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Recovering from the flood

Charlie Zanker
Charlie Zanker keeps track of levee repairs along the Missouri and Nishnabotna rivers. The Fremont County Farm Bureau member, who lost about two-thirds of his acres to flooding in 2019, is planning to wait and plant soybeans to have a more flexibility if water rises again. PHOTO / GARY FANDEL

With the 2020 planting season around the corner, farmers and others along the Missouri River in southwest Iowa are hustling to get ready for the growing season and hoping to avoid another round of flooding.

Fremont County Farm Bureau member Charlie Zanker, who lost about two-thirds of his acres underwater in 2019, is ready to plant again this year. But he’s taking precautions. He’s decided to stick with soybeans so he can hold off until a little later in the season, just making sure the river doesn’t come up again. 

Zanker said his land fared better than some. Because of its location near the exit breach — the spot where the flood waters rejoined the Missouri River main channel — he was spared a lot of the silting, sand and debris residents are still dealing with upstream.

“When you farm between two rivers (the Missouri and the Nishnabotna), it’s a crap shoot,” Zanker said. “We’ll plant it, that’s what we do, but it’s going to be tough.” 

In Hamburg, one of the hardest hit communities in last year’s flooding, Pioneer dealer Tyler Woodward said conditions at his office are workable, if not exactly ideal. 

“We’ve got everything cleaned out and cleaned up,” Woodward said of the business’ office, warehouse and grain bins.

He and his dad are working out of a trailer parked near their office. The building has electricity, but plumbing is still a challenge. 

When the water came up last March, the bins were full of seed beans, which got swamped and then formed an almost concrete like material as they dried in the augers. 

It took Woodward several months to get the bins cleaned and back in working order.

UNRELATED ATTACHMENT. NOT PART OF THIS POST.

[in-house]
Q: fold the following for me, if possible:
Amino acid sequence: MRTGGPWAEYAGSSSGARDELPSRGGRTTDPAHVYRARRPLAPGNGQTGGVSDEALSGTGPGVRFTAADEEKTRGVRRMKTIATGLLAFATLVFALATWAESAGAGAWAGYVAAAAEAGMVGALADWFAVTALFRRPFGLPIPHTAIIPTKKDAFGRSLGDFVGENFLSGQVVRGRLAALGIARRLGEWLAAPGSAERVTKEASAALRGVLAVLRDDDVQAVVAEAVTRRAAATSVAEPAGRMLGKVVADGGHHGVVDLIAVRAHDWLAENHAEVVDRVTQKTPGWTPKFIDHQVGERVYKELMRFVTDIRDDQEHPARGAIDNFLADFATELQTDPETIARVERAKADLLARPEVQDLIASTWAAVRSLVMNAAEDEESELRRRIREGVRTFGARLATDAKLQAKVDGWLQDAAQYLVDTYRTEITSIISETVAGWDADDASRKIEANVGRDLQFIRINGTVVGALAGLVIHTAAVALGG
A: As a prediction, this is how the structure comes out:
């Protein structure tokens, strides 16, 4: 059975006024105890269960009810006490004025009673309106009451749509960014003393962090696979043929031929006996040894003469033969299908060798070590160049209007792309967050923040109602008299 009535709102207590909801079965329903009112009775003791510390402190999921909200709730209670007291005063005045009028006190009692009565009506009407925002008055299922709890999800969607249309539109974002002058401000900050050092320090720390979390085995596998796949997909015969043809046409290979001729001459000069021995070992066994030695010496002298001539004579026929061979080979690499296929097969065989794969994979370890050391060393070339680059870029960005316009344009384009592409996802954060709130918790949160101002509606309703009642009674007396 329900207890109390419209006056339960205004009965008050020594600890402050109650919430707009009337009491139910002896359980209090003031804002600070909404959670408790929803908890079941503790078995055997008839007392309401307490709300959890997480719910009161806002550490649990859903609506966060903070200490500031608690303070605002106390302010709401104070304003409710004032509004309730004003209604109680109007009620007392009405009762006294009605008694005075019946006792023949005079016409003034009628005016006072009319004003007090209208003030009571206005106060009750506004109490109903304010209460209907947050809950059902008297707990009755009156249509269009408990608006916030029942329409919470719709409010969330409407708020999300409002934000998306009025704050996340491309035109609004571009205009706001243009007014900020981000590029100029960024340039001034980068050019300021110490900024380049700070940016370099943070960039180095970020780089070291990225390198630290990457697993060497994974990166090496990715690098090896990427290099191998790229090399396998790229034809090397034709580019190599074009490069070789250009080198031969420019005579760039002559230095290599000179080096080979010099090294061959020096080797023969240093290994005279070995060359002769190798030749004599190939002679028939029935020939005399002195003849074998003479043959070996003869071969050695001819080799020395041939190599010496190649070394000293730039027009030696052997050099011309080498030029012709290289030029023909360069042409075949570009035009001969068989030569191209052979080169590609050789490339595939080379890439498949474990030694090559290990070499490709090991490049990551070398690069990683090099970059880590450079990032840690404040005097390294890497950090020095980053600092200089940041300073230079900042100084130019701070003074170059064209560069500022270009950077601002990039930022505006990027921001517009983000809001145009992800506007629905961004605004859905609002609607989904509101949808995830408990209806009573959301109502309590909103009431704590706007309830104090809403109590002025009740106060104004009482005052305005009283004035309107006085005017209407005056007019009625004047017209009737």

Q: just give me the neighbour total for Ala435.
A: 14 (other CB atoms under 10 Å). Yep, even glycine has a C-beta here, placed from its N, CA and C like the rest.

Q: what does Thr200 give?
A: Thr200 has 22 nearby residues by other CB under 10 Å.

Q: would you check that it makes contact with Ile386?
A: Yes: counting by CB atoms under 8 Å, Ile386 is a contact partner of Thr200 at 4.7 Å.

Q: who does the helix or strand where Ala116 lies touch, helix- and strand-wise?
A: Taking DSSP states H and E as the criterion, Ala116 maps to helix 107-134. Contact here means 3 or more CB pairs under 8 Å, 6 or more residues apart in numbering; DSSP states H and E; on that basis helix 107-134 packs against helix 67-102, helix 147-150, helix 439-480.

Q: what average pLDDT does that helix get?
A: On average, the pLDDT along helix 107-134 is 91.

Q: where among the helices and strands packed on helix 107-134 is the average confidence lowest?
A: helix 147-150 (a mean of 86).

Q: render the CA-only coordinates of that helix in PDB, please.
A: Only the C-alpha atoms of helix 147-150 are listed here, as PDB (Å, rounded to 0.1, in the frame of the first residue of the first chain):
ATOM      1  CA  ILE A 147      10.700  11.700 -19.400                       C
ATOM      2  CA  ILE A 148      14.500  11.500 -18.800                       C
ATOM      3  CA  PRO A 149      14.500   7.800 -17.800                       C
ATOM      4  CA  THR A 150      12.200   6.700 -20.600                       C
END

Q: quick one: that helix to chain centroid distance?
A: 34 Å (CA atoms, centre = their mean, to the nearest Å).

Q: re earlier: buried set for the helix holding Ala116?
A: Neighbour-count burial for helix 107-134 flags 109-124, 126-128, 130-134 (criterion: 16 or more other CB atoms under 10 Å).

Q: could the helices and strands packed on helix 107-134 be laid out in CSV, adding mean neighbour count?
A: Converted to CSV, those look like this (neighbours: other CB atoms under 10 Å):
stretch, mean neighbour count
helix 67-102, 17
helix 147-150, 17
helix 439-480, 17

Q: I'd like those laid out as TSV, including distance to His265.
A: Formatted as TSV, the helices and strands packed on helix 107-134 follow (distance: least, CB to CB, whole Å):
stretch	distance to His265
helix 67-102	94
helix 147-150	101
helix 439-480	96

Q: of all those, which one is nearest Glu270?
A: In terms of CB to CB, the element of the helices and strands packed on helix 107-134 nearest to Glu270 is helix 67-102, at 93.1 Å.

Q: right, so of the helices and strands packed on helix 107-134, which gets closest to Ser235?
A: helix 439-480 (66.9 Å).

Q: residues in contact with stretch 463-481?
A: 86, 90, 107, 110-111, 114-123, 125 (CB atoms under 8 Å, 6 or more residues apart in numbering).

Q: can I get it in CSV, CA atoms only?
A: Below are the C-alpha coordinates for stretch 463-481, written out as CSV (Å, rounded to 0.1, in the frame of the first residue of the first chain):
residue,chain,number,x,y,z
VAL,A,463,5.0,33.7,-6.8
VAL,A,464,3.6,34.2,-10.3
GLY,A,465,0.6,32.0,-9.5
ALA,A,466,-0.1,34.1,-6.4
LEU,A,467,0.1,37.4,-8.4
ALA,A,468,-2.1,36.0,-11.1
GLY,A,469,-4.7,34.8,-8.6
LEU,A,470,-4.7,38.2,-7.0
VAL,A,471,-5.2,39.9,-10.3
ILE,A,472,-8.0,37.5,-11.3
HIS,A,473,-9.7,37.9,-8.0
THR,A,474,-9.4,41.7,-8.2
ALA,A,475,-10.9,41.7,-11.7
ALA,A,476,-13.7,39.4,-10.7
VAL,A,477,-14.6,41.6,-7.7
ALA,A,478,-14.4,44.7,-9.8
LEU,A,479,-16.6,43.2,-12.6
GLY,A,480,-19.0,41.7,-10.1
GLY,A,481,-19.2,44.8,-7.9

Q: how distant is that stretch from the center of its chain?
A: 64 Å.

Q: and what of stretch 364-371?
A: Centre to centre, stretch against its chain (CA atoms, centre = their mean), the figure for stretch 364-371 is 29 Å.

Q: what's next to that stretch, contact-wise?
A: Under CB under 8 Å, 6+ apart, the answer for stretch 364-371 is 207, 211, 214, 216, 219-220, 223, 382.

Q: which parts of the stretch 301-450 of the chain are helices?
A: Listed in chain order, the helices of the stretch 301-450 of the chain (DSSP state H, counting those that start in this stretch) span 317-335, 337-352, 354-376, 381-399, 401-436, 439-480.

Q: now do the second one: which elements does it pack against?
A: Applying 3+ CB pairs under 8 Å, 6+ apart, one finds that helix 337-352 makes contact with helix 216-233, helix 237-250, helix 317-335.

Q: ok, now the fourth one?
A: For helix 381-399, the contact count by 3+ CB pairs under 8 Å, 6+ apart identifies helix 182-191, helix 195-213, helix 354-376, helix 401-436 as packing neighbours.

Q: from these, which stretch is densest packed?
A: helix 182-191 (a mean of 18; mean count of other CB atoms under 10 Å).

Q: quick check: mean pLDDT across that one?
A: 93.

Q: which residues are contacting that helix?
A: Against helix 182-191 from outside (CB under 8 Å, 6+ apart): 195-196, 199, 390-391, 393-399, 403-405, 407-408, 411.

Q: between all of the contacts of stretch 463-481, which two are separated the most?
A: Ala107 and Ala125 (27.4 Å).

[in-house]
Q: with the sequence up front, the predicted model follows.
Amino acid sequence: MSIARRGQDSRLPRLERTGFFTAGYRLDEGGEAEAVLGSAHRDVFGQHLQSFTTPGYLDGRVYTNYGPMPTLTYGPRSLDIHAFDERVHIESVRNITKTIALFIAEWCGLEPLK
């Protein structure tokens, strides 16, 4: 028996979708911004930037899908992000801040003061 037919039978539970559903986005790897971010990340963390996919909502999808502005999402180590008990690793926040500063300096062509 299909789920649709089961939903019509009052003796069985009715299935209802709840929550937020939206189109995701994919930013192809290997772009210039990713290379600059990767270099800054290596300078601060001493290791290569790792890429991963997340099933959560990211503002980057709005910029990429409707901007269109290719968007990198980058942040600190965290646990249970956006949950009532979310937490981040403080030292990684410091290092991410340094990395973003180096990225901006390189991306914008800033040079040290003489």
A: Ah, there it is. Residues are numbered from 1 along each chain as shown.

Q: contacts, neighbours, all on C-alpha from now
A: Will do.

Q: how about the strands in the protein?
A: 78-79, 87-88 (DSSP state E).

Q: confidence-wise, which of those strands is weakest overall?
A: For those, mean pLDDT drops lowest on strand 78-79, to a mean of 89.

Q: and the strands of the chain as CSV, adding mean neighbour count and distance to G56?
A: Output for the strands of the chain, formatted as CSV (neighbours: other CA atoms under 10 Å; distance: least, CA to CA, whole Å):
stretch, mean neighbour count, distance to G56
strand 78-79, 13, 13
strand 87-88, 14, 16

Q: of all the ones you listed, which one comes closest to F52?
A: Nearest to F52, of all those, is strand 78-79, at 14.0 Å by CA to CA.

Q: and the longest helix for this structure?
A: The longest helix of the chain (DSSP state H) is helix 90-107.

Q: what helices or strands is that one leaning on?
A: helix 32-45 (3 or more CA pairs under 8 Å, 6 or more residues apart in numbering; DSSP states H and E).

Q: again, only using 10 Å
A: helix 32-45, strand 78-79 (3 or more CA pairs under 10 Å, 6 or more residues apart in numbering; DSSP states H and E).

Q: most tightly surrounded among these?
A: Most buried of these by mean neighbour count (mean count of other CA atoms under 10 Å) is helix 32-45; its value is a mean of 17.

The Woodwards were able to move the rest of their seeds out of their warehouse a day or two before the water came up and spent several months working out of another seed dealer’s warehouse.  

“Not much is changing with how we do business. We’re still in the same spot,” Woodward said. “Hopefully, the new levee they have proposed around Hamburg will prevent this from ever happening again. And if they can get the river back to normal, that will really help too.”

Managing the river

The future of the Missouri River is of particular interest to folks in southwest Iowa.

Many blame ef­forts undertaken by the Army Corps for causing more flooding in recent years. Residents said the Corps put too much emphasis on maintaining water levels for sensitive fish and wildlife habitat at the expense of flood control. 

Though not one to often praise the Army Corps, Zanker said at least this time they seem more open to hearing directly from those impacted by the flooding.

“[Army Corps is] a little more receptive this go around, as far as suggestions go,” he said. “They’re trying to evacuate as much water out of the dams as possible this winter. That gives us a little better chance it won’t flood again this spring.

“They’re doing a pretty good job under the circumstances. But they’re also in the limelight right now.”

Zanker said Iowa Gov. Kim Reynolds and other lawmakers have been pushing the Army Corps to prioritize flood mitigation rather than environmental concerns in the region.

On a lot of mornings, Zanker can be found in his truck near where the Missouri River levee is being rebuilt, keeping an eye on progress. Locals contracted by the U.S. Army Corps of Engineers earn about $50 an hour running scrapers and dozers. 

“Working on the levees has turned into an opportunity for some of these guys who got hit really hard last year,” said Zanker. “If there’s a silver lining, it’s that these are good paying jobs.” 

Living with flooding

In 2011, last time the river topped the levies, Zanker’s home wasn't far from the levee breach. That year, 11 feet of water swamped his house. When he rebuilt, it was on top of a bluff, away from any flood less than biblical. During the 2019 flood, on the spot where the old house stood, the water was more than 13 feet deep. 

In fact, over the 30 years he and his family lived in the old house, they were evacuated six times.

Another challenge is uneven restoration of infrastructure in the area. Because the flooding occurred in three states and several cities and counties, there is government involvement at all levels, making it a slow process. 

For example, a road could get repaired on the Iowa side of the border, but the Missouri side may not be slated for repairs until later. Transportation, on top of all other concerns, has been challenging.

“The counties, especially, have been devastated,” Zanker said. “They can’t keep up with repairs. We’re in the process of working on that now.”

A lot of work to be done

Some money is coming in from the Federal Emergency Management Agency (FEMA), but there is still a lot of work to be done. 

One immediate concern is the water pumping system, which was destroyed in the flooding last year. The system is meant to move water out of low-lying areas back into the rivers. 

Because of this, and with many ditches still filled with silt and debris, Zanker said even a moderate rain can impact fields in the area. 

“When you’re that close to the river, a two-inch rain will cover up your four-inch corn in a hurry,” he said.


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